Anaheim mayor Tom Tait often found himself alone on the losing end of many key votes over the years. Now armed with a council majority for the first time since since breaking with the resort elite, there's power in his gavel. Councilwoman Lucille Kring's move during last night's city council meeting to have Anaheim send a letter to the State Legislature opposing SB 54, informally known as the "Sanctuary State" bill, aroused a bunch of public comments but failed to register a dais debate thanks to Tait.
City staff set up a spillover room full of chairs and roped the entrance to council chambers, but a crowd of Trumpers no-showed for the show down. Instead, most of the people who spoke out did so in favor of the California Values Act. The legislation wants to further curb collaboration between Immigration and Customs Enforcement (ICE) and local law enforcement agencies. The anti-Trump bill also seeks to add additional protections against the Bigot-in-Chief's deportation machine.
Since finding themselves more on the losing end these days, Kring and her cohort Kris Murray keep trying to pin their colleague Jose F. Moreno with votes on polarizing issues before he's up for re-election next year after a shortened two-year term. Mayor Tait outmaneuvered Murray last time when she wanted a vote reaffirming the city's controversial anti-homeless camping ban ordinance. Kring, a former Scariest People inductee, previously wanted an up-and-down vote on Anaheim becoming a sanctuary city after Tait and Moreno led the creation of a "Welcoming Anaheim" task force.
Anaheimers and activists focused on SB 54's policies and not the revenge politics on council. "We are the last county in California to have 287(g)," said Faby Jacome, Orange County Immigrant Youth United's program coordinator. "By not supporting SB 54, you're pretty much doing Trump's dirty work here in Anaheim."
Erik Garcia, another OCIYU member, spoke out against Kring. "At the end of the day, we pride ourselves as a city of kindness," he said. "The fact of the matter is we're living in persecution. We're living in fear."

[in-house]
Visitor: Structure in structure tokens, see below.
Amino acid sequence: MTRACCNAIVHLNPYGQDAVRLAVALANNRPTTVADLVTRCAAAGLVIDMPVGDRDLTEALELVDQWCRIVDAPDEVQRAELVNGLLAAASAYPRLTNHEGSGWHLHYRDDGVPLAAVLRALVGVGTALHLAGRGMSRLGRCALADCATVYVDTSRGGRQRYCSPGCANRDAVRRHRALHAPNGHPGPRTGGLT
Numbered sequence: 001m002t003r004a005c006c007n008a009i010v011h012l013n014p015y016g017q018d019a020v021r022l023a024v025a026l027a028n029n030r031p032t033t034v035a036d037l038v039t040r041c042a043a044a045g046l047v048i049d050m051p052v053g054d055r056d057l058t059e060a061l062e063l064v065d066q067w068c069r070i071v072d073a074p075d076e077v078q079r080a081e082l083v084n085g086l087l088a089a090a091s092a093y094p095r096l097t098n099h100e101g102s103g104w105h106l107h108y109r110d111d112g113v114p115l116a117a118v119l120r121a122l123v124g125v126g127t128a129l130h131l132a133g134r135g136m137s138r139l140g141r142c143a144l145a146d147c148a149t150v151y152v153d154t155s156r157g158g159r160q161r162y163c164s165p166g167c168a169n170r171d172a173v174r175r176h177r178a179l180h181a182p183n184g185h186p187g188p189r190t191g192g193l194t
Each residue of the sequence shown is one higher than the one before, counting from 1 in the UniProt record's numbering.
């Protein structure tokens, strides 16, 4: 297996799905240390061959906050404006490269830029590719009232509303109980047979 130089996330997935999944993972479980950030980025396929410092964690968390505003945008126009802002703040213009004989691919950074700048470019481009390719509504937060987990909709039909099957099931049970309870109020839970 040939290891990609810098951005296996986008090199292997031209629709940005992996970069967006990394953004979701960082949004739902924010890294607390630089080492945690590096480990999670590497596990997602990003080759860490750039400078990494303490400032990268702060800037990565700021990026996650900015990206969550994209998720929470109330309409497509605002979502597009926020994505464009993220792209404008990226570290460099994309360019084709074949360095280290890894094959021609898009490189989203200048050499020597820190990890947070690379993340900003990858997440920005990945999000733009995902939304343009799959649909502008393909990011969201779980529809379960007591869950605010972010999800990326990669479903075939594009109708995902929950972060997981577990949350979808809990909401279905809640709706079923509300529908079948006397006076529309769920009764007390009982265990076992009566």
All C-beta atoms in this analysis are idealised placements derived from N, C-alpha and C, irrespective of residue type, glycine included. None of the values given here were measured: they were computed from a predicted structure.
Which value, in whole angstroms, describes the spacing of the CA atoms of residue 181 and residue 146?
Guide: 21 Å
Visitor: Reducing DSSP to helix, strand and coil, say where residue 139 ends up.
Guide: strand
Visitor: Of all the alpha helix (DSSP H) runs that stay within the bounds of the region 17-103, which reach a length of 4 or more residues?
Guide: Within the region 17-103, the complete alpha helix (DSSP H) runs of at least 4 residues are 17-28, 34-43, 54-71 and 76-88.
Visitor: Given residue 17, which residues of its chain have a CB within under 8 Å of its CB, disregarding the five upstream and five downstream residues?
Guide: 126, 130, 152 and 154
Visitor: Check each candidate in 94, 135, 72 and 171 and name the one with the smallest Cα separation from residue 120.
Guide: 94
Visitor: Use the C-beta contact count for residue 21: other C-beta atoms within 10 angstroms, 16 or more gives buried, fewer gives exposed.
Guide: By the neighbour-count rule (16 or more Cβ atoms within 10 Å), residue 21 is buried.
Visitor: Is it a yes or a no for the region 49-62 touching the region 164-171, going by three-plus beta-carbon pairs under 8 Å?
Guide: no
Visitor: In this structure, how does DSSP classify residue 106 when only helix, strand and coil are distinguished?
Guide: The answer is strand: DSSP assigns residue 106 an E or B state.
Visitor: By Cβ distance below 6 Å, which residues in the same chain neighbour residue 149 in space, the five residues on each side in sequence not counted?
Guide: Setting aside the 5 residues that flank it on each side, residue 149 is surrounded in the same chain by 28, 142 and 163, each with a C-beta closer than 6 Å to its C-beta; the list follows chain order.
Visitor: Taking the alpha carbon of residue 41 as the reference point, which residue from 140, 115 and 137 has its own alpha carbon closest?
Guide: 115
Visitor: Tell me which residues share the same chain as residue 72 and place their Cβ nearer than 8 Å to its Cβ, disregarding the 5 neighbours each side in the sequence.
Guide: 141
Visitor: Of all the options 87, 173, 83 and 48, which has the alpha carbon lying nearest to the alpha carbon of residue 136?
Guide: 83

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At one point, Anaheim resident Daniel Robbins took the occasion to recite "The New Colossus" sonnet engraved on a plaque affixed to the Statue of Liberty to Kring. The councilwoman gave a history lesson in response saying Emma Lazarus' famous verses were added to the statue much later—an argument echoing Trump's senior policy adviser Stephen Miller whose similar defense found favor with white supremacists and is historically laughable, given Lazarus wrote it to raise funds for Lady Liberty's pedestal three years before she was unveiled to the public. But that's about as hot as debate on the issue got last night.
When time came to discuss the agenda item, council members spent more time trading jabs over the mayor's ability to table items without debate providing he had enough votes to do so. "This should not be brought forth," Tait said. "We don't need to be debating this bill." The assertion drew strong rebuke from a furious Kring. "This is my issue and I'd like a staff report!" she said, growing increasingly upset. Tait drowned her out with his gavel before asking for a motion. "Democracy at its best, right Tom?" Kring sneered. "This is unpatriotic!"
Without Trumpers present to cause a ruckus, Tait easily gained the four votes needed with council members Moreno, Denise Barnes, and Steve Faessel joining the mayor. (Hey, James Vanderbilt, que paso?) But the vote didn't stop the bickering. "You're out of order," Tait fired at Kring. "What are you going to do, sue me?" Kring responded.
The mayor moved on with the rest of the meeting instead.